(2) No citizen shall, on grounds only of religion, race, caste, sex, place of birth or any of them, be subject to any disability, liability, restriction or condition with regard to—

(a) access to shops, public restaurants, hotels and places of public entertainment; or

(b) the use of wells, tanks, bathing ghats, roads and places of public resort maintained wholly or partly out of State funds or dedicated to the use of the general public.

Article 15 of Indian Constitution Explained -

The main point of this article is that “the state shall not discriminate against any citizen on grounds only of religion, race, caste sex, places of birth or any of them".  The statement is pretty much self-explanatory but it also means that the state can however discriminate on some other bases such as making special provisions for backward classes or scheduled castes and tribes as seen fit by the state. The state is also free to make any special provisions for women and children which might help and benefit towards their overall best interests. The article also states that no one will be denied access to any public service or place such as shops, public entertainment places, public hotels etc.

Article 16 of Indian Constitution - 

Equality of opportunity in matters of public employment.—

(1) There shall be equality of opportunity for all citizens in matters relating to employment or appointment to any office under the State.

(2) No citizen shall, on grounds only of religion, race, caste, sex, descent, place of birth, residence or any of them, be ineligible for, or discriminated against in respect of, any employment or office under the State.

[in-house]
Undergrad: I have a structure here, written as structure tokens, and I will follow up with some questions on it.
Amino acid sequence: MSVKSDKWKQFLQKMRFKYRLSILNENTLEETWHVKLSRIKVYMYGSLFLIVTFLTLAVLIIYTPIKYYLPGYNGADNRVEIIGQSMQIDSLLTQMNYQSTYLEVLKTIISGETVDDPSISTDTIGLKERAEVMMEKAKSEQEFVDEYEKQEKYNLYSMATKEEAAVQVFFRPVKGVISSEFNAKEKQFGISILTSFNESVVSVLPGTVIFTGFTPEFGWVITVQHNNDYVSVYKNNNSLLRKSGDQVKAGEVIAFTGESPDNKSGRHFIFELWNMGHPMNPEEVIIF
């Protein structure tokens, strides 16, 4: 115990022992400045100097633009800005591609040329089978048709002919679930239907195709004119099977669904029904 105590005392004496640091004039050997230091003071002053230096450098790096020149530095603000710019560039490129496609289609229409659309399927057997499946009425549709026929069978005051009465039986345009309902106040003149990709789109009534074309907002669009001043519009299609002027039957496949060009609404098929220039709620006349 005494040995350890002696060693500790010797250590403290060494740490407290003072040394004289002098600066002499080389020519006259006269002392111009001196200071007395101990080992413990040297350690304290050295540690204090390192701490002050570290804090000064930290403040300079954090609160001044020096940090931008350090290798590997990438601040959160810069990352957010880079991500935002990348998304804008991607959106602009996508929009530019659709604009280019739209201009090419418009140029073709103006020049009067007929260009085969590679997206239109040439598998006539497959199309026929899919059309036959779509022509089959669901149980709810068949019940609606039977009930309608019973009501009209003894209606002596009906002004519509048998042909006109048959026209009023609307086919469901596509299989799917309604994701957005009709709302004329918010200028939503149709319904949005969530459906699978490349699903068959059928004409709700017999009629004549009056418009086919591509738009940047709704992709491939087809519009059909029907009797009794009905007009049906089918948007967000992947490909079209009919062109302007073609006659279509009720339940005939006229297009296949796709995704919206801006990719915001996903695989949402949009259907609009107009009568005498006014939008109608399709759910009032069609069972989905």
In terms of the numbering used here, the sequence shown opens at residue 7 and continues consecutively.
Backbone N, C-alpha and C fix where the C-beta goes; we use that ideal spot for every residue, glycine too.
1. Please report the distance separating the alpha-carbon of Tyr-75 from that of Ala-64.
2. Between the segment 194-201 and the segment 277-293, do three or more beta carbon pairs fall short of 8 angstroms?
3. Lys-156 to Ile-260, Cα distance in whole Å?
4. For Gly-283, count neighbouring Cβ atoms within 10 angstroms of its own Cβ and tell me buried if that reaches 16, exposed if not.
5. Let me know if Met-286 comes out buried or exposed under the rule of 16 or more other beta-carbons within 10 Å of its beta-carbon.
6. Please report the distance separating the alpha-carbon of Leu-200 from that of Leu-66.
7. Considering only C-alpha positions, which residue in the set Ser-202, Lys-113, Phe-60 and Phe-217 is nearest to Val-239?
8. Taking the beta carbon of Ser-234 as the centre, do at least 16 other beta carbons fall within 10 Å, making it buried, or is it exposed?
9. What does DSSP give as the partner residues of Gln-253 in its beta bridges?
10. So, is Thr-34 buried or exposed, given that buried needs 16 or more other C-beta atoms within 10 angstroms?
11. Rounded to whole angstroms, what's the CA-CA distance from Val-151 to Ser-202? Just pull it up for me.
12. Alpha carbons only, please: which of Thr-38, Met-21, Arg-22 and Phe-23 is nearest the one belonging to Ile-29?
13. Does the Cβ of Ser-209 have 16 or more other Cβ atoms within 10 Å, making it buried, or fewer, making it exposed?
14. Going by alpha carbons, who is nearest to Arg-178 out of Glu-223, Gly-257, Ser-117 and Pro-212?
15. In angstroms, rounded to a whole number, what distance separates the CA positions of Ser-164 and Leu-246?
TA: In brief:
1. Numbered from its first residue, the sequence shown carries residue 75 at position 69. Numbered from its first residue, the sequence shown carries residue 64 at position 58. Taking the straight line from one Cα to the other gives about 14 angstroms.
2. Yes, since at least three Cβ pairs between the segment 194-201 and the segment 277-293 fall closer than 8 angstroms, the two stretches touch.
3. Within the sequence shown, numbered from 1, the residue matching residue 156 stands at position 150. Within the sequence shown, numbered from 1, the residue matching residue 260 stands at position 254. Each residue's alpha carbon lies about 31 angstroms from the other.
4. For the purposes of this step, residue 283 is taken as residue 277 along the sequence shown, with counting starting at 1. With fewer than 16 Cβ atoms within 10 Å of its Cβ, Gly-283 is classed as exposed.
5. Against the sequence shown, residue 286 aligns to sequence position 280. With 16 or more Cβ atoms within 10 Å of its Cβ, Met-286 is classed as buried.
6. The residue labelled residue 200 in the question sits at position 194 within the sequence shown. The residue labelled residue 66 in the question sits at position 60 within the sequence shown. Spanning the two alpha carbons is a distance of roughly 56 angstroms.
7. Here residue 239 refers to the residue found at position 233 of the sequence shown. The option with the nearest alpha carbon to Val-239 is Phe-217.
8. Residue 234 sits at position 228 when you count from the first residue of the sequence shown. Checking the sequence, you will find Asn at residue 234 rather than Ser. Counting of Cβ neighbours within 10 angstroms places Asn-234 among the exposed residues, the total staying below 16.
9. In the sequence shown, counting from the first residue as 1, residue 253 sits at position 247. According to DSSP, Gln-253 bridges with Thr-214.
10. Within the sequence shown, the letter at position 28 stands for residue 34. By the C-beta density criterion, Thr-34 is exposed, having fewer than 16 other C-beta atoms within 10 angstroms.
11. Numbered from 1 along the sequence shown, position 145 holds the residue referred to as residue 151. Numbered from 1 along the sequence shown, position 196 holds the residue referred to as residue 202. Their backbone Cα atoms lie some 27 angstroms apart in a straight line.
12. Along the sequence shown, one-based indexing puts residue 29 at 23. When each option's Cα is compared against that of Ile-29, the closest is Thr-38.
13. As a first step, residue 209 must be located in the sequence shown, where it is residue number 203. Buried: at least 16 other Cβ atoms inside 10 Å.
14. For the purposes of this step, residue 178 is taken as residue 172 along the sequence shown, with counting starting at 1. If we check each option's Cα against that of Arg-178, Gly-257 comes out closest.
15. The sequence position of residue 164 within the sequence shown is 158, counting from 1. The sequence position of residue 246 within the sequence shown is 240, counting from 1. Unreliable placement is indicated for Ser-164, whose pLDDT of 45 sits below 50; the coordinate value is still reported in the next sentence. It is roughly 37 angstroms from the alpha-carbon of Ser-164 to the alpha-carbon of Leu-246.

(3) Nothing in this article shall prevent Parliament from making any law prescribing, in regard to a class or classes of employment or appointment to an office under the Government of, or any local or other authority within, a State or Union territory, any requirement as to residence within that State or Union territory prior to such employment or appointment.

Article 16 of Indian Constitution Explained -

Article 16 talks about equal opportunity of work to all. It forbids discrimination on the basis  of religion, race, caste, sex, descent, and place of birth or any of them in matters of public employment. However, there is provision for exceptions in the constitution. They are:

1. Additional qualifications such as residential preference may be laid down.
2. Reservation for scheduled castes and tribes and other backward classes.
3. Offices in religious organizations may prefer to employ people with the same religion.
4. The article forbids discrimination on the basis of the above criteria. However, some criteria like desired merit or mercy can be employed.

Article 17 of Indian Constitution - 

Abolition of Untouchability.—“Untouchability” is abolished and its practice in any form is forbidden. The enforcement of any disability arising out of “Untouchability” shall be an offence punishable in accordance with law.

Article 17 of Indian Constitution Explained -

This article prohibits the practice of untouchability. Also, it is strengthened by the coming in force of Untouchability Act of 1955. The term untouchability is not defined in either the Constitution or the Act. The Untouchability Act of 1955 was amended and renamed as Protection of Civil Rights Act 1955 in the year 1976. People who practice it in any form are considered violators. Restricting admission to educational institutes or hospitals or schools on the basis of untouchability is a punishable crime.

Article 18 of Indian Constitution - 

Abolition of titles.—

(1) No title, not being a military or academic distinction, shall be conferred by the State.

(2) No citizen of India shall accept any title from any foreign State.

(3) No person who is not a citizen of India shall, while he holds any office of profit or trust under the State, accept without the consent of the President any title from any foreign State.

(4) No person holding any office of profit or trust under the State shall, without the consent of the President, accept any present, emolument, or office of any kind from or under any foreign State.

Article 18 of Indian Constitution Explained -

This article forbids the acceptance of all titles among the public. Only educational and military titles are allowed like Colonel or Doctor etc in order to differentiate profession and post. For example, any foreign titles like Knighthood or Lord are strictly prohibited.